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8 Interior Design Industry Trends To Look Forward To In 2021



a living room filled with furniture and a large window: 8 Interior Design Industry Trends To Look Forward To In 2021


© Provided by Renotalk.com
8 Interior Design Industry Trends To Look Forward To In 2021

(Guest Writer: Michael Gorman)

We’ve had a long year in 2020, but thankfully we are getting to the end of it, and we can now start looking towards 2021, knowing it will be better. We had some exciting interior design trends in 2020, but we’re more excited about the trends we expect to see in 2021.

We now see that there’s more emphasis on sustainability with sustainable materials becoming more critical, and there are also essential elements to celebrate uniqueness and individuality.

This article will give you an idea of what your home should look like going into the New Year 2021.

Here’s a breakdown of 8 interior design industry trends for 2021.

1. Rustic Vogue

The appearance of this is more of a crowd pleaser’s. It seems to appeal to

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Interior designer secrets: Decorating your dining room

There’s something to be said for hosting/attending a grand dinner party. Especially if the setting looks like it’s been styled by a professional Interior Designer/Decorator with a keen eye for detail. And what, exactly, does “detail” pertain to? It’s that design that just looks right – the right lighting, the right colours, the right table matched with the right chairs, etc. On that note, we decided to perk up our ears and hear what the experts in the design industry have to say about decorating dining rooms. Here’s what we found…

1. Your table width is crucial



a living room filled with furniture and a flat screen tv: 1. Your table width is crucial


© homify / Grand Design London Ltd
1. Your table width is crucial

We can’t help you fit ALL your guests at one table, but we can certainly inform you that 1100 mm is considered the ideal dining table width. That’s because it allows adequate room for your seated guests’ movement while still

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Global Interior Design Software Market Size 2020 to 2025 Report Includes Brief Analysis by Regions, Growth Key Factors, Demand, Business Share

The MarketWatch News Department was not involved in the creation of this content.

Nov 21, 2020 (The Expresswire) —
“Final Report will add the analysis of the impact of COVID-19 on this industry.”

“Interior Design Software Market” has several changes in recent years and expected to vary significantly within the forecast year because of developments in production sources, shifts in consumer preferences changes to business policies. Interior Design Software Market is gaining important adoption among recent business across the globe. Global Interior Design Software Market Report 2020 gives complete research about the industry size by key players, regions, product types and end user with history data and forecast data to 2025. This report analyses the Interior Design Software with respect to individual growth trends, future prospects, and their contribution to the total market.

Get a Sample Copy of the Report at- https://www.industryresearch.co/enquiry/request-sample/16706639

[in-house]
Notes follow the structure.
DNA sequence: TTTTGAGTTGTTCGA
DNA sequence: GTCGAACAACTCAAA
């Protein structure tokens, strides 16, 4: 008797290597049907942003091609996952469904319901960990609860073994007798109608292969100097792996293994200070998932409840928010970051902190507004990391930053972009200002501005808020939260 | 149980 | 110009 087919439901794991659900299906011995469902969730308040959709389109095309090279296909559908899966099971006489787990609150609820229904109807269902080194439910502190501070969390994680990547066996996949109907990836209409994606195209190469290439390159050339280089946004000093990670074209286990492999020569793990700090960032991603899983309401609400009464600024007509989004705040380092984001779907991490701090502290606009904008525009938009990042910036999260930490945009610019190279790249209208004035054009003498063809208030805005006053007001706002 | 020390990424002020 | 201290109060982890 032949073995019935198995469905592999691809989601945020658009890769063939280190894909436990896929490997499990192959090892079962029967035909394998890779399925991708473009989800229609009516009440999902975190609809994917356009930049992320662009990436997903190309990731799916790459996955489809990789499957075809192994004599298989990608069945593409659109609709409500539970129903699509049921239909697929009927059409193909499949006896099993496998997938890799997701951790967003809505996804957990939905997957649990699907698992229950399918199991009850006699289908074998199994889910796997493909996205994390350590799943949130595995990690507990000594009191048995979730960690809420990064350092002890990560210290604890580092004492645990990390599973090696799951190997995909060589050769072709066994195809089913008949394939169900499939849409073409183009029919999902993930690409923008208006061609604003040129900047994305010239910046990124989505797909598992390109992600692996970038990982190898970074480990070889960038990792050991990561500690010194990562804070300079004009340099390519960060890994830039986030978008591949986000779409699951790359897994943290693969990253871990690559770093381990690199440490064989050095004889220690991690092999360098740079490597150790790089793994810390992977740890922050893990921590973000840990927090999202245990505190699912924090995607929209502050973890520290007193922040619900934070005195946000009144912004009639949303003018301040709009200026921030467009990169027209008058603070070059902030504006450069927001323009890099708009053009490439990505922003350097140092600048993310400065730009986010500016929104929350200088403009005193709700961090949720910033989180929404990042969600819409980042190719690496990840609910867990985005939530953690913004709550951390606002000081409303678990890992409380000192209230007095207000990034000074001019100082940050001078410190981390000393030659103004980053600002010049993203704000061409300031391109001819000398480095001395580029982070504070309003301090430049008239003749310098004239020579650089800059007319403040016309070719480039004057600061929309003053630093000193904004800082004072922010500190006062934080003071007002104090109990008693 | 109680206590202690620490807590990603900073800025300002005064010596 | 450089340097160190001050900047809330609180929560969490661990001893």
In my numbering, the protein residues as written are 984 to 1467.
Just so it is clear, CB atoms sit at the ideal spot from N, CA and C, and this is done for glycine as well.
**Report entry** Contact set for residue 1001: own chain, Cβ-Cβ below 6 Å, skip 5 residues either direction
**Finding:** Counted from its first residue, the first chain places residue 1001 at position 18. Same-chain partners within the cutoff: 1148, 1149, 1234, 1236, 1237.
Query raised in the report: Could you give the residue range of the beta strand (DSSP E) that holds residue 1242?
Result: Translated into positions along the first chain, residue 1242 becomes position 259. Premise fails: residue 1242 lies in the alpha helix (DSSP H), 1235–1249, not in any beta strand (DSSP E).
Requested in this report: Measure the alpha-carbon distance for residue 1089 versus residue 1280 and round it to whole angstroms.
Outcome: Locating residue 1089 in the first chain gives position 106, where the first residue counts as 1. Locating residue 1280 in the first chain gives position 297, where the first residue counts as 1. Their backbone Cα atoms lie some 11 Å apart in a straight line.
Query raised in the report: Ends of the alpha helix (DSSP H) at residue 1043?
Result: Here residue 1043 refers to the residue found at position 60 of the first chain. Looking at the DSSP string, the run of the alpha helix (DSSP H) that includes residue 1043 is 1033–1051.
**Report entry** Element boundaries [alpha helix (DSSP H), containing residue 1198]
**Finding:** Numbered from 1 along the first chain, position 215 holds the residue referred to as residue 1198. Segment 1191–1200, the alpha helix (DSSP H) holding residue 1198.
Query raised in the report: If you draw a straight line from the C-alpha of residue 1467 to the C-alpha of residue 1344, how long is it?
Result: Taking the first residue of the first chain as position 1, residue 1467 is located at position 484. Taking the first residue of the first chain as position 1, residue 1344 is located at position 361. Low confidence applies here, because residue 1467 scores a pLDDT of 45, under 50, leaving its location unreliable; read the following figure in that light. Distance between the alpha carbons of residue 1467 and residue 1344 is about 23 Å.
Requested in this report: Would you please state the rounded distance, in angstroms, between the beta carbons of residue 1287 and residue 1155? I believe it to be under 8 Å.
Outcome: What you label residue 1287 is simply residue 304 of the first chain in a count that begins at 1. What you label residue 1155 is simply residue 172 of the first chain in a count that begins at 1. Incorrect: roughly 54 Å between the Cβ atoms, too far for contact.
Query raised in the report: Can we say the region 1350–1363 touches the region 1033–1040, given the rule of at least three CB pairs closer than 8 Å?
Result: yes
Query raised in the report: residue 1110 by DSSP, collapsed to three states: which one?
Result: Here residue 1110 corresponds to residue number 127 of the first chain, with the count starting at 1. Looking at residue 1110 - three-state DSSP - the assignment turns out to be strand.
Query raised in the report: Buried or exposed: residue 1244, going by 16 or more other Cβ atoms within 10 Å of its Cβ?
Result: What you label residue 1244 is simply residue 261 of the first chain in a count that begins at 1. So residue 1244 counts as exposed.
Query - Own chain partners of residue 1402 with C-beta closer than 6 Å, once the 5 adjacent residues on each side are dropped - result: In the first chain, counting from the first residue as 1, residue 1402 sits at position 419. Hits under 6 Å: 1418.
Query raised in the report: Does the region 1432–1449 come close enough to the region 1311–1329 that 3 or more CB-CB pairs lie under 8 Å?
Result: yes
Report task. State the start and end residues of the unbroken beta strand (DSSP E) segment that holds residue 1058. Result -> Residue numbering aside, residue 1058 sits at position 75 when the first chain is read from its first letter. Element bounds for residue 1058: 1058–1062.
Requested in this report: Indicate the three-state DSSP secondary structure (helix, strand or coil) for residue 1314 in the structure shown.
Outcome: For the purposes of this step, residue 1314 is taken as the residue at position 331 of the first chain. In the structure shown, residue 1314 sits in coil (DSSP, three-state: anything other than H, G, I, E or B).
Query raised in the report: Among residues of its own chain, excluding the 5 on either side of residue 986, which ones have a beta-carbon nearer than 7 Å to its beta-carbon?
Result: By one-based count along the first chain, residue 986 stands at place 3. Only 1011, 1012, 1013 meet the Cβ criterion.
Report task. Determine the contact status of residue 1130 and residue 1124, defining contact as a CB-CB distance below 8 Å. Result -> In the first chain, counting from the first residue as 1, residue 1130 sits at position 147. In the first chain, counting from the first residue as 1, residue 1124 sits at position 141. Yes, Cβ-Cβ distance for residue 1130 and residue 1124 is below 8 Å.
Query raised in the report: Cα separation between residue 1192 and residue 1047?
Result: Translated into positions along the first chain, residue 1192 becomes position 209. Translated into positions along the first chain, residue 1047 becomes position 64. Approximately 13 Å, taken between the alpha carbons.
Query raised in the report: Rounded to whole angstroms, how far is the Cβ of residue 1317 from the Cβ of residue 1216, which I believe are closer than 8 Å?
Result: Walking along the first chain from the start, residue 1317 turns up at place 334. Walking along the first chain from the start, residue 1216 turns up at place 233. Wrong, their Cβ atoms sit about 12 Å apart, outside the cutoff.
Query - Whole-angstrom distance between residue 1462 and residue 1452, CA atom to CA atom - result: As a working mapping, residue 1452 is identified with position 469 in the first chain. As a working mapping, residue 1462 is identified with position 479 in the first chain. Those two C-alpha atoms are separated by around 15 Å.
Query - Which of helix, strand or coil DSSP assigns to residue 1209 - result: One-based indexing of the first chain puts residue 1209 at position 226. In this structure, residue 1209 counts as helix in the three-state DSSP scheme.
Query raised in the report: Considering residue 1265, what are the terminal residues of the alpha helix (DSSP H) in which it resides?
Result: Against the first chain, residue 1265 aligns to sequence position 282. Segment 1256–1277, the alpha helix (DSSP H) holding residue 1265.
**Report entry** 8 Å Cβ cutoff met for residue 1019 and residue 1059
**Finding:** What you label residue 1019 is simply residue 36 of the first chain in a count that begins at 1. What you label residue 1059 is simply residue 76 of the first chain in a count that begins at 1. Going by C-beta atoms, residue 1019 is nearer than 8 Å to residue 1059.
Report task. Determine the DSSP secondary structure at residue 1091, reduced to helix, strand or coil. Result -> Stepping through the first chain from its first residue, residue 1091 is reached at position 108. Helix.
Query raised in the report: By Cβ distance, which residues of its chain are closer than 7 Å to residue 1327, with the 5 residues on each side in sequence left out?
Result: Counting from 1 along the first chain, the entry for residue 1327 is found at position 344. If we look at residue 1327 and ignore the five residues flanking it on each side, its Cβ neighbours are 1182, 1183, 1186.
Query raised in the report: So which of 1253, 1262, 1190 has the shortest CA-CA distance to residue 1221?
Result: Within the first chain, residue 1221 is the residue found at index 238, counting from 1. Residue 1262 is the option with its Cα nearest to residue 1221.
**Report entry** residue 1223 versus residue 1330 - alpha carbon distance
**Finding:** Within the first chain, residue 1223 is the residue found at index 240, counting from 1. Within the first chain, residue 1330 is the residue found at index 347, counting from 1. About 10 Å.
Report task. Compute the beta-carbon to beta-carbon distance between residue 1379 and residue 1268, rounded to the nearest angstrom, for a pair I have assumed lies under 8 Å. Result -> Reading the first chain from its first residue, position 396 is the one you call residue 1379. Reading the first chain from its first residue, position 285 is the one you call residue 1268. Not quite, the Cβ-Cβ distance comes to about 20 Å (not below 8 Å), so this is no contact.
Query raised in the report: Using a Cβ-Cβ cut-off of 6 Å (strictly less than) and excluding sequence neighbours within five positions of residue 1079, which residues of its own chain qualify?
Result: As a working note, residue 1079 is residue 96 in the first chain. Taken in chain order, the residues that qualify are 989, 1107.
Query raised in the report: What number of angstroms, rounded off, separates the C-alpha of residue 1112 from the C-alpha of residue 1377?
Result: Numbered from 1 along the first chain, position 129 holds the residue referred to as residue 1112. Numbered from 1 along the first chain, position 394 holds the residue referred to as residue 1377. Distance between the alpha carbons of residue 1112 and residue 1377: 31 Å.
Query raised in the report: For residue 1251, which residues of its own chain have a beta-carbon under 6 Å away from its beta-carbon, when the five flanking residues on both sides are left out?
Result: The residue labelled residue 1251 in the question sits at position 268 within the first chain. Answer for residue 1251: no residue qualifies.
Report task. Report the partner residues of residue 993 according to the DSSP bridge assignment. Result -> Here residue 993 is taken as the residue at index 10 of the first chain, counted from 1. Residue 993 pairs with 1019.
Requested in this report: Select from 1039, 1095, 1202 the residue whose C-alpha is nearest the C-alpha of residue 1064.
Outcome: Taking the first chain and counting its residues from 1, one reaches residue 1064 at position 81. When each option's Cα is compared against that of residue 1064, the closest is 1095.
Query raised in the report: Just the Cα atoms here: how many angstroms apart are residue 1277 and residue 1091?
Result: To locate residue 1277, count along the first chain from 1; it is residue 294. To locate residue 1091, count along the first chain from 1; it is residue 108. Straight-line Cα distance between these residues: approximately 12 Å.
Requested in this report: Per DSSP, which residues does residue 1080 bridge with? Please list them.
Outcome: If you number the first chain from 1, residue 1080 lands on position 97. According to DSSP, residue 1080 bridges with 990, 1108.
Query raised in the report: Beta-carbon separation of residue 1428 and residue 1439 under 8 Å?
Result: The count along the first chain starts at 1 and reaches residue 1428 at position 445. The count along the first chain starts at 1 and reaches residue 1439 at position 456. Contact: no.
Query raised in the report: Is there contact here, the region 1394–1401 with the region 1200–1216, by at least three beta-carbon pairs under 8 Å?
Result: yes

Most important Regions play dynamic role in Interior

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These are the household trends that need to disappear by 2021, according to interior designers


By Claire Toureille and Raven Saunt For Mailonline

11:49 25 Nov 2020, updated 13:02 25 Nov 2020

  • Households across the UK spent time in lockdown sprucing up their interiors
  • Dark blue walls and tropical wallpapers are on the way out, expert told FEMAIL 
  • Chrome taps were once chic, but now seen as ‘standard’ choice and need to go  

Many households across the UK have put their time in lockdown to good use by sprucing up their interiors, but have your efforts made your house look ultra modern, or could your taste be a bit dated?

Interior designers and experts have told FEMAIL which trends are already wearing thin, including Insta-friendly staples such as tropical wallpaper and gemoetric shapes.  

Wayfair’s resident style advisor, Nadia McCowan Hill said that velvet sofas, which had become a staple in many living-rooms, are taking a step back while shoppers go for more textured materials, such

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Chefing Success Leads To Outstanding Interior Design Outcome For Ara Graduate

One of the few male graduands of Ara’s 2020 Diploma in
Interior Design (Residential) ended up the surprise big
winner of the ‘Vizualize’ awards night.

Daniel
Smith took home three of 13 awards, including The Harrison
Bloy Aware for Excellence in Bathroom Design, the Artisan
Stone Award for Innovation in Design and the Drawing Room
Award for Excellence in Artistic Skills.

Says Dan of
his multiple wins “It’s a bit of surprise. I’d like to
say thanks to the providers and industry people for coming
to the party and to the tutors for all their help and
learning this year.”

The awards evening itself
featured many heart-felt tributes to the students’ and the
tutors’ tenacity and willingness to overcome adversity
during what many speakers described as a “challenging
year”.

The exhibition itself, comprised of a large
coloured